Could We Use a Little Logic in Virus-Fighting?

This space tries hard to avoid overt political issues. But today, with the novel coronavirus sitting in front of our eyeballs on waking and hanging out in our brains throughout the day – whether we happen to be infected or not – it’s almost impossible to avoid how politics impacts the reality of the pandemic. The following is offered just because it seems such a ridiculously obvious way to address the problem.

Recently, this letter of mine appeared in the New York Times:

“At 86, I am absolutely fine with dying — although I’m healthy and active and would not turn down another five or 10 years. So if I wind up with Covid-19, give the ventilator to someone else.

“What bothers me is that if our national leadership had just a fraction of Gov. Andrew Cuomo’s brain, they would follow his very rational advice to send all available ventilators to New York until the curve begins to bend, and then ship them to the next crisis area. Under that system, San Francisco would get an adequate supply in time for my neighbor and me both to survive.”

Covid-19 globeAbout that “give the ventilator to someone else” line. I should say up front that this is not some lofty altruistic declaration. Ventilators are not a lot of fun, and many older patients (one physician friend suggested a scarily high percentage) wind up dead on them anyway. Even for just a few days, lying still with perhaps a hole in my windpipe and for sure a tube down my nose for nutrition approaches torture, in my considered opinion. Lying still would additionally involve being unable to write, communicate or do anything else that makes life meaningful. Thus, compromised with a dangerous virus and probably soon dying alone without loved ones of any sort nearby – no thanks. Shoot me with all the morphine on hand and let me go.

I am a grateful and enthusiastic board member of End of Life Choices California. As such I’m a firm believer in Medical Aid in Dying: the right of terminally ill, mentally competent adults to ask their physicians for life-ending medications. Now legal in nine states and the District of Columbia, MAID will, I hope, eventually be “best practice” for the medical professions. Refusal of a ventilator falls in the category of mechanical aid in dying, of sorts, and why not?

The second, less esoteric issue addressed in my brief letter is simply a plea for national response to the next pandemic – which Dr. Anthony Fauci, may he long survive and prosper, tells us is likely to come with a reappearance of the novel coronavirus in the fall. Assuming it doesn’t start somewhere they’re still convinced it’s a hoax – hello, Mississippi? – maybe we as a nation could adopt a fast and sensible strategy: throw everything we’ve got at the first peep-through, and try to snuff out subsequent peeps-through as fast as supplies can be diverted from the first. My degrees are in Art and Short Fiction, not medicine or policy, and I admit to having only a rudimentary left brain. But how does this not make sense?

I’m just saying.

For more about MAID, and a lot of other good information you can use, I encourage you to visit https://endoflifechoicesca.org/

 

 

Life, love and palliative care

My greatly beloved sister Jane died this morning, a peaceful end to 84 years of a life extraordinarily well lived. For a few days she had been on palliative care.

Palliative care. File that term away for yourself, your parents, your friends and family. It’s the new best thing, even though for centuries it was the old best thing: keep me comfortable and let life come full circle. For centuries we believed that life was a cycle: birth, Stuff, death. Some people’s stuff was better than others, but there was a general agreement that death happened, so it made sense to ease it along when the time came. Usually it didn’t take long. Often, if ease was not to be had, the family doctor invited everyone in briefly to say goodbye, closed the door and administered a shot of morphine.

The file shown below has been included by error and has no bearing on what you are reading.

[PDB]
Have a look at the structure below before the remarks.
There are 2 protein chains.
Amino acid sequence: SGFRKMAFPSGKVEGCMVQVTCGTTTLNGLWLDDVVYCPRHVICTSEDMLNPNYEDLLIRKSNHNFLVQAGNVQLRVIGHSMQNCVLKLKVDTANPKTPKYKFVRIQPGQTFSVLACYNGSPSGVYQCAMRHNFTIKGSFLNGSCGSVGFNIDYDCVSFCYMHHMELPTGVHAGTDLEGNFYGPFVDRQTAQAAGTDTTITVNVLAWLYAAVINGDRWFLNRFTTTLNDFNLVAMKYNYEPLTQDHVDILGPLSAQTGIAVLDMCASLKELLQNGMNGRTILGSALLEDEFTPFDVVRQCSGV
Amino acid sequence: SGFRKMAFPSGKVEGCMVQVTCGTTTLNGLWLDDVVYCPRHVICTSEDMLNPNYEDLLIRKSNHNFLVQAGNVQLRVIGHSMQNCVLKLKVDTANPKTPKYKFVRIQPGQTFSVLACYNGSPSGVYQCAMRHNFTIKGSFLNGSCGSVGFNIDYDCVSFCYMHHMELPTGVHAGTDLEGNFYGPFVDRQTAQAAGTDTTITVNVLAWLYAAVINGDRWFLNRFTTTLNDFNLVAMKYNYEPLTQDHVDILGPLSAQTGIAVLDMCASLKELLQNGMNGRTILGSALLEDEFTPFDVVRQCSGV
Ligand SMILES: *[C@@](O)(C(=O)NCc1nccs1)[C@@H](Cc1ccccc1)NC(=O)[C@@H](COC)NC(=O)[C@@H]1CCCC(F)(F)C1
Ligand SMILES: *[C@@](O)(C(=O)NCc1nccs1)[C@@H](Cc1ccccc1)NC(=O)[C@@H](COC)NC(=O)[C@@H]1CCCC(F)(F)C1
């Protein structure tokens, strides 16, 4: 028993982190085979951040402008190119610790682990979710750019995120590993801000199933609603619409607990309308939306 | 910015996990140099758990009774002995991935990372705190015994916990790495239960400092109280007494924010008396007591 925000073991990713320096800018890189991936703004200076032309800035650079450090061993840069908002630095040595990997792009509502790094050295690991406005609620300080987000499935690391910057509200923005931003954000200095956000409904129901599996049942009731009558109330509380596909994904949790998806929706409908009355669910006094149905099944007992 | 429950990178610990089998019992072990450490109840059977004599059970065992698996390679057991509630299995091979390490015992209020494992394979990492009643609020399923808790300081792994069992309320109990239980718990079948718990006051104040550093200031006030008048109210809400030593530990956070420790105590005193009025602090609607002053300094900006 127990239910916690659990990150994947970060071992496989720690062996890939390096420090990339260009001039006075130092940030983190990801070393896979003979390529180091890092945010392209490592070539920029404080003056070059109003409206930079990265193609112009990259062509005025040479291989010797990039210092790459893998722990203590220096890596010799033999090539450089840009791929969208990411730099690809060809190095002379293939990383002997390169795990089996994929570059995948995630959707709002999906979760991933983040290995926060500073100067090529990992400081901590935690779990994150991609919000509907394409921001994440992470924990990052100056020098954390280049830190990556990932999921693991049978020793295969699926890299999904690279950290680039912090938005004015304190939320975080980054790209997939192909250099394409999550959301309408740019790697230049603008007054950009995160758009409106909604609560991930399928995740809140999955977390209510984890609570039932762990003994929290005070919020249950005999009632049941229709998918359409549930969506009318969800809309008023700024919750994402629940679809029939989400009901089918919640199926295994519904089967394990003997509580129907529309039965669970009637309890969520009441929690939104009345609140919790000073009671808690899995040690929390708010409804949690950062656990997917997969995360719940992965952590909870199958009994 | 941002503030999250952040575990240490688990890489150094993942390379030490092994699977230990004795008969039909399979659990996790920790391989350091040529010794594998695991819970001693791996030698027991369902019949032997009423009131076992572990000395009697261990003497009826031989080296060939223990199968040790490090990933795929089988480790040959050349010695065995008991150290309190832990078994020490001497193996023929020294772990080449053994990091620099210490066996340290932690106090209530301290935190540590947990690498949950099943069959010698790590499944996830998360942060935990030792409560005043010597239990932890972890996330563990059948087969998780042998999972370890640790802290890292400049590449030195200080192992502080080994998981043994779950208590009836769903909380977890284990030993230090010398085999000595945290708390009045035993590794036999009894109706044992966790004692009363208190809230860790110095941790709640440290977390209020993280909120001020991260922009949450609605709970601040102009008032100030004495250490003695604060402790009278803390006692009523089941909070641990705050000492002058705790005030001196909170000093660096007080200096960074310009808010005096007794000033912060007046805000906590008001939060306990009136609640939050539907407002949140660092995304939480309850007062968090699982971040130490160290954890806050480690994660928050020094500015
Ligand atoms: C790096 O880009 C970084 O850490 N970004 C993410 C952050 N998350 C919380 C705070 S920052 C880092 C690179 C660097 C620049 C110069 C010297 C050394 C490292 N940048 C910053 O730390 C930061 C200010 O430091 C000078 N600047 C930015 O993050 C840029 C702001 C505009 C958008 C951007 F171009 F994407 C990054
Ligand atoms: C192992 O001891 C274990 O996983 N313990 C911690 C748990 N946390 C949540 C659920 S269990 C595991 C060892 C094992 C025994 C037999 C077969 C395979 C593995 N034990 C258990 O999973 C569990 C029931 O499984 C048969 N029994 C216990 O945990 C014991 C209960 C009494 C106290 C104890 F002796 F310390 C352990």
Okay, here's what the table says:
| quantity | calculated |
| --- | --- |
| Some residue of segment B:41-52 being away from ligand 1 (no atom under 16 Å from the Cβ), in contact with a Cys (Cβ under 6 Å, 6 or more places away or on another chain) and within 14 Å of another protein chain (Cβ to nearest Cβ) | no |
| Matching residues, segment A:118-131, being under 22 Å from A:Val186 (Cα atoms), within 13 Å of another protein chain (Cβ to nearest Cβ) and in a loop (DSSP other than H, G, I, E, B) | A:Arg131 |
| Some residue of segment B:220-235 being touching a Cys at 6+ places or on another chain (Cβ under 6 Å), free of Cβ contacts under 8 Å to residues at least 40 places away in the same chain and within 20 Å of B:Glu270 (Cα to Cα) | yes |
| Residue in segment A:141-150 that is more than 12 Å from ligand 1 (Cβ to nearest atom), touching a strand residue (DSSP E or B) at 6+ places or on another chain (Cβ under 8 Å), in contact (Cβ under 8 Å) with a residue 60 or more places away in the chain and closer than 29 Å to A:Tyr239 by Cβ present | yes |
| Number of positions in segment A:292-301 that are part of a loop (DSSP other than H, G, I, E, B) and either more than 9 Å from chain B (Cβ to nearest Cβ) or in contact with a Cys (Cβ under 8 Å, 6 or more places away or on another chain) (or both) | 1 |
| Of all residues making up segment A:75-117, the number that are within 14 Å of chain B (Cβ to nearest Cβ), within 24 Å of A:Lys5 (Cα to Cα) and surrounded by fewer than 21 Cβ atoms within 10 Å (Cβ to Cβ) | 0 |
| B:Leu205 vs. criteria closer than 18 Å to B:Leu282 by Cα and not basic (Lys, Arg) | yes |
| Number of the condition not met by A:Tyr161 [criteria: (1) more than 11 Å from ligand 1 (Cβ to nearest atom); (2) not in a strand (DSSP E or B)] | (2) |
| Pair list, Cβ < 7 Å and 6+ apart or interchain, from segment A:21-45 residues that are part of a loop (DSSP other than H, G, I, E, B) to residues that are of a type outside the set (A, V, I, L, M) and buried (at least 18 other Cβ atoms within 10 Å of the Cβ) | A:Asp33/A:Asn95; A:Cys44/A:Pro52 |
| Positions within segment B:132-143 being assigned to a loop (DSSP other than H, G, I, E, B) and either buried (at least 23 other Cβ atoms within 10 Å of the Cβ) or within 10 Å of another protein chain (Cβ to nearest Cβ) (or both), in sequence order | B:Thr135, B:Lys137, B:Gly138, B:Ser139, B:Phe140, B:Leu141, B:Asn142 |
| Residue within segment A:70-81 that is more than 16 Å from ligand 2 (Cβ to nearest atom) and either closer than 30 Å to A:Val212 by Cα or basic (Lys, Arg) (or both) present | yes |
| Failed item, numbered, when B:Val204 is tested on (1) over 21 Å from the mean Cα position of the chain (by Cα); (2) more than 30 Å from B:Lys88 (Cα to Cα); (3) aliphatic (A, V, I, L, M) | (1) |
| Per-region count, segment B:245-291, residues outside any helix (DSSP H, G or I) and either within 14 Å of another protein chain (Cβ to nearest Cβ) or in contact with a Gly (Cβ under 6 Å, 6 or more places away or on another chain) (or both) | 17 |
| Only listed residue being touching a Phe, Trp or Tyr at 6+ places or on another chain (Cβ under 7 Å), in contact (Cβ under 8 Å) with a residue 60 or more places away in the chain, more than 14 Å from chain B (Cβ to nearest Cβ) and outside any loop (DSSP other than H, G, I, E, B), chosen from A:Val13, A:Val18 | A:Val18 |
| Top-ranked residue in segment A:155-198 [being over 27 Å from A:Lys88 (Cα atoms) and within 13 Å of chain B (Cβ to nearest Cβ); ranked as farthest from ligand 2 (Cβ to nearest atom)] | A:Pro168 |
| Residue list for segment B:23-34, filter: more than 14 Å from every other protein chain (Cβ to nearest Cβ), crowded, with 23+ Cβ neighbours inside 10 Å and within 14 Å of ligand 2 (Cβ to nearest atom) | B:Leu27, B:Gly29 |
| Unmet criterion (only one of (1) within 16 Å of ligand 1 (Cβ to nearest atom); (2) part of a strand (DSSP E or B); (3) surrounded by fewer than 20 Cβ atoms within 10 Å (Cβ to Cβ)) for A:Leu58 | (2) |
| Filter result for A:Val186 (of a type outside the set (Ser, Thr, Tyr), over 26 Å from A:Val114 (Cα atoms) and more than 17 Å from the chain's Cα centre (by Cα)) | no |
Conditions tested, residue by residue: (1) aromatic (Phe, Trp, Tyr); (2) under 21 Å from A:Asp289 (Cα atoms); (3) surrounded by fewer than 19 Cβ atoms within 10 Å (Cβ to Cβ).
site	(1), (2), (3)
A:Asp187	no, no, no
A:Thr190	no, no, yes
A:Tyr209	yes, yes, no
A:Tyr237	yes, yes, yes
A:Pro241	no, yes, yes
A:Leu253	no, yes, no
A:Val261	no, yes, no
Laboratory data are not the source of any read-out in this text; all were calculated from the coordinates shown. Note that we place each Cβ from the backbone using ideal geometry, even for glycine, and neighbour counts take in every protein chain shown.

Then we invented chemotherapy and ventilators and feeding tubes and miracle drugs and adopted the national attitude that one is supposed to live forever. Plus, we invented lawsuits. So dying turned into something horrid and often painful, something one is really not supposed to do. Physician aid-in-dying for the terminally ill became illegal; even talking about it gave Sarah Palin the death panel willies.

My sister Jane was a gifted artist who told me, a few days before she died, that she’d reached the apex of her career because one of her recent paintings was stolen from a show currently on view. (She was also delighted that others were selling well.) She was a remarkable mother, hostess, book-lover, friend, and about the world’s best big sister. The day after our last conversation she had respiratory failure (quit smoking, please, if you haven’t already) and began to die.

Jane was briefly on a ventilator, which I hated as much as she, but one does what needs to be done. Very quickly she moved from that to palliative care. Her husband, four daughters and assorted grandchildren gathered around to sing songs, hold hands, administer foot rubs, report to her remaining two sisters and innumerable friends that all was well.

This is not an argument against miracle drugs or aggressive interventions when appropriate, or even against feeding tubes and ventilators — although if you catch my children approving such things after I conk my head on the curb please remind them of my explicit instructions to the contrary. But it is an argument to confront mortality, complete your advance directives, talk to family and friends about your own wishes no matter how young and immortal you feel yourself to be, support compassionate and humane dying. Advocating for decent health care for the living wouldn’t be a bad way to start.

Palliative care is a valuable new/old thing. So are big sisters like Jane, although they are hard to come by.